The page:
December questions and answers

Newsletter issue - December 2020

Q. I am currently in the process of purchasing a property which includes a separate granny annex. Since there is only one title number for the whole property, can I apply for stamp duty land tax multiple dwelling relief (MDR)?

A: Since 1 April 2018 SDLT applies to land transactions in England and Northern Ireland only. Property transactions in Scotland are subject to Land and Buildings Transaction Tax. Land Transaction Tax (LTT) applies to land transactions in Wales.

Broadly, if the granny annex is an independent dwelling, then it will count for MDR. If it cannot exist independently of the main house, then MDR will not be available.

The HMRC Stamp Duty Land Tax Manual states (SDLTM29955):

'For the purposes of the relief a "dwelling" means a building or part of a building which is suitable for use as a single dwelling or is in the process of being constructed or adapted for such use.'

Special rules apply to certain types of dwellings, including halls of residence and 'off plan' transactions. See the HMRC Stamp Duty Land Tax Manual for further information.

Q. Ten years ago my husband inherited a share of his father's property when he died as a joint owner with his partner. My father-in-law's Will specified that his surviving partner could continue living in the property for as long as she wanted. Both my husband and my deceased father-in-law's partner are on the deeds for the property. The partner has recently died and the property is empty. Will my husband have to pay capital gains tax on his share when it is sold, even though he could not live there because the partner was in residence?

A: It is assumed that your husband is now in possession of the whole property, even though originally the partner owned half of it. If so, she must have transferred her half to him. When your husband sells the property, for capital gains tax purposes he will effectively be making two sales, namely the half which he inherited on his father's death and the half he has recently acquired from the deceased partner. He will be liable to capital gains tax on the half he has owned for the last ten years, even though the partner was still living there. He will also be liable to capital gains tax on the recently acquired half. However, the base cost for the second half will be the market value of that half at the date the partner transferred it to him. The higher base cost should help reduce the chargeable gain on that part.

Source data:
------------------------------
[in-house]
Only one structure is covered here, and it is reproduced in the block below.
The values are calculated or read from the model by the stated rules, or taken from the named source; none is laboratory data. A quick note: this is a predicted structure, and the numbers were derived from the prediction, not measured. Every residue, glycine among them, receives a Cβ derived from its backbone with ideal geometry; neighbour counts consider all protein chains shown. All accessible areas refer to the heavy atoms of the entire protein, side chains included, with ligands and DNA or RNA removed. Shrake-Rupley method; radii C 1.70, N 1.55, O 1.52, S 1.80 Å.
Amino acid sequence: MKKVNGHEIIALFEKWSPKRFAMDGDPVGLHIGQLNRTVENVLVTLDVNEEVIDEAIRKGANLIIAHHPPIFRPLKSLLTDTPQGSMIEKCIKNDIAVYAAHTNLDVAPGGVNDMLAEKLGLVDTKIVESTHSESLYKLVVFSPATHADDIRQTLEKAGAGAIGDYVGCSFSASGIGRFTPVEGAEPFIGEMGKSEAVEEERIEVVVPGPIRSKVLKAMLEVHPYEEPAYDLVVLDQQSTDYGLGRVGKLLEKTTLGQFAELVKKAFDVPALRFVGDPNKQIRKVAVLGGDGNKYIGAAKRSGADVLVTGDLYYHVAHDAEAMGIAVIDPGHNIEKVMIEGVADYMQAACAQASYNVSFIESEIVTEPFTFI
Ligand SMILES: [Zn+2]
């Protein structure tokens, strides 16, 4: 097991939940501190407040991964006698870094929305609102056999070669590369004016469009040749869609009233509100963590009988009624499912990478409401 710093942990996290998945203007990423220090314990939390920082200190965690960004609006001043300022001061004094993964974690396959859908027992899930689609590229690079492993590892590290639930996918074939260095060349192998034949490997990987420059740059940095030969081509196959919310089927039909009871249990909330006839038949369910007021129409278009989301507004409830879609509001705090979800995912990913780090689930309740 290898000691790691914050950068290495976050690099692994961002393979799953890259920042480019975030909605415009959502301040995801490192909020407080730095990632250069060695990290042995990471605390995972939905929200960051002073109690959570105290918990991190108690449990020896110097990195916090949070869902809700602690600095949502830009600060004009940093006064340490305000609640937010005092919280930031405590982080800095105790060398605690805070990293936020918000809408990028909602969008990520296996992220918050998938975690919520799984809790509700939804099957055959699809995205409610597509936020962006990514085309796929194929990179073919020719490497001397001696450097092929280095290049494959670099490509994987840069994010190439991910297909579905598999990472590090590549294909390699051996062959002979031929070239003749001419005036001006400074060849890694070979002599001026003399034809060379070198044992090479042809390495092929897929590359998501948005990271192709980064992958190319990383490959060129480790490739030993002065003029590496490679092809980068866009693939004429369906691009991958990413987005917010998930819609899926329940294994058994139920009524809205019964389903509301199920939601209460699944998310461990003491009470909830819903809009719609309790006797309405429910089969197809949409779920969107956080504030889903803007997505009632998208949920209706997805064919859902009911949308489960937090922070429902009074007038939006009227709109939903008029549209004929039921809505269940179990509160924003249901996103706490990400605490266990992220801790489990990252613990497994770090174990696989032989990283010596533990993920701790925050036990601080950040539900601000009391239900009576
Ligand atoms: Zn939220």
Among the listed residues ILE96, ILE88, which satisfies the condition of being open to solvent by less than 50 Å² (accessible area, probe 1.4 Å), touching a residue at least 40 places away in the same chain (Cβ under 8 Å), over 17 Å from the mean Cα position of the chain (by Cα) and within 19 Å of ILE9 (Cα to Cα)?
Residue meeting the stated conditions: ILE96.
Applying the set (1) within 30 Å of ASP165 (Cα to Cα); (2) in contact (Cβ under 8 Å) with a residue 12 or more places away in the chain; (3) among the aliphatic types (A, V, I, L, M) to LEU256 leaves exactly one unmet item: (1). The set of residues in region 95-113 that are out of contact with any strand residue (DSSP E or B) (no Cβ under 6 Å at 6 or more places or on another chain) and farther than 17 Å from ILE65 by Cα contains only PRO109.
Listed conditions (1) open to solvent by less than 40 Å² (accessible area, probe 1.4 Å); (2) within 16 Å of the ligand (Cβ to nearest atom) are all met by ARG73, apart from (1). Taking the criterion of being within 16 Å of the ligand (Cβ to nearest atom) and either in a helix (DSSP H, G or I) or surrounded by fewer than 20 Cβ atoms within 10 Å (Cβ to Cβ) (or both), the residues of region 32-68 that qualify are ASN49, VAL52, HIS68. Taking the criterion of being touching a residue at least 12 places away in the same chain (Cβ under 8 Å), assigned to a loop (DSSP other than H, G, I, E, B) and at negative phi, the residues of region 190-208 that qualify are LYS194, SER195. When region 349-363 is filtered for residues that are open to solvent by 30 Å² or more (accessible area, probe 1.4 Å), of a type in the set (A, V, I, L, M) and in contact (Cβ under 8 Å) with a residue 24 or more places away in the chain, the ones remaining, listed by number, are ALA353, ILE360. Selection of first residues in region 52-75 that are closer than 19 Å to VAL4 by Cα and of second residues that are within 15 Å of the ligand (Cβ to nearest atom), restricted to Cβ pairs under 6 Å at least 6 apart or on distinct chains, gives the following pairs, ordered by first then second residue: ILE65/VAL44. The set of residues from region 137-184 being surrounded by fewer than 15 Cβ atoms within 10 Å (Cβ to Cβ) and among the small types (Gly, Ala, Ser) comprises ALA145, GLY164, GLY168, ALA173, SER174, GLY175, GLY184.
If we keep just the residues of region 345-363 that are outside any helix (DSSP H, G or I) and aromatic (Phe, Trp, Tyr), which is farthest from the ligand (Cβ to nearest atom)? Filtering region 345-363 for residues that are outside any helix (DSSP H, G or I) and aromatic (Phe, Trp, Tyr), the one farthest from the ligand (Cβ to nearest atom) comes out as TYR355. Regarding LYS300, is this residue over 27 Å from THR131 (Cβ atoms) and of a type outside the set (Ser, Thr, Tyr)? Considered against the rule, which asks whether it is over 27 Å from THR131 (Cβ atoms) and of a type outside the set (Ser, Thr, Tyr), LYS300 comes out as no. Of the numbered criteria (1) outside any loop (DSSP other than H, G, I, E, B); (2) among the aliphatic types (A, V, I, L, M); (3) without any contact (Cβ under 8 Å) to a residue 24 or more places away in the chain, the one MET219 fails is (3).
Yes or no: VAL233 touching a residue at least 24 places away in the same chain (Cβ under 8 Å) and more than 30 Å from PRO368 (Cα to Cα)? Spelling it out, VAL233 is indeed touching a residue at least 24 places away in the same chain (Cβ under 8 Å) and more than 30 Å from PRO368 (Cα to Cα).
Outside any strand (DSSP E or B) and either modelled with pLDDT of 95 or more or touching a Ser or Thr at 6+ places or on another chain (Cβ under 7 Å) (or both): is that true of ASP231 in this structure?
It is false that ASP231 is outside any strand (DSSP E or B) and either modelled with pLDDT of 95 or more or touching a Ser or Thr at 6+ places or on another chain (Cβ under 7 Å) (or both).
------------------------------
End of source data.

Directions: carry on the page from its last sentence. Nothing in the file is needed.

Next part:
Q. I have a new employee who has only been with me for two weeks. Yesterday the employee called in sick. Do I have to pay statutory sick pay (SSP)?

A: There are conditions that an employee must meet to be eligible for the payment of SSP, which are broadly as follows;

An employee's AWE is generally calculated by reference to the eight weeks of earnings prior to the employee being sick from work. In this case, the employee has not worked for you for eight weeks so these rules do not apply. The Regulations state that AWE will be calculated using the earnings the employee is entitled to under their contract for:

If the employee has received less than eight week's pay prior to their PIW starting, then the relevant period is calculated by using all the earnings paid before the PIW and the period those earnings relate to. So if an employee has received two weeks of earnings, then those earnings are added up and divided by two. This gives the AWE figure to determine whether the employee has earned enough to qualify for a SSP payment.

SSP is payable from day four of a sickness absence if the above conditions have been met and a PIW has been formed. The SSP rate is currently £95.85 per week for the tax year 2020/21.

Note that if the employee is away from work due to a Covid-19 related absence, both the eligibility conditions still need to be met and the PIW still needs to be formed, but the requirement for three waiting days has been suspended for these types of absences and SSP would be payable from day one of the absence.

 

 

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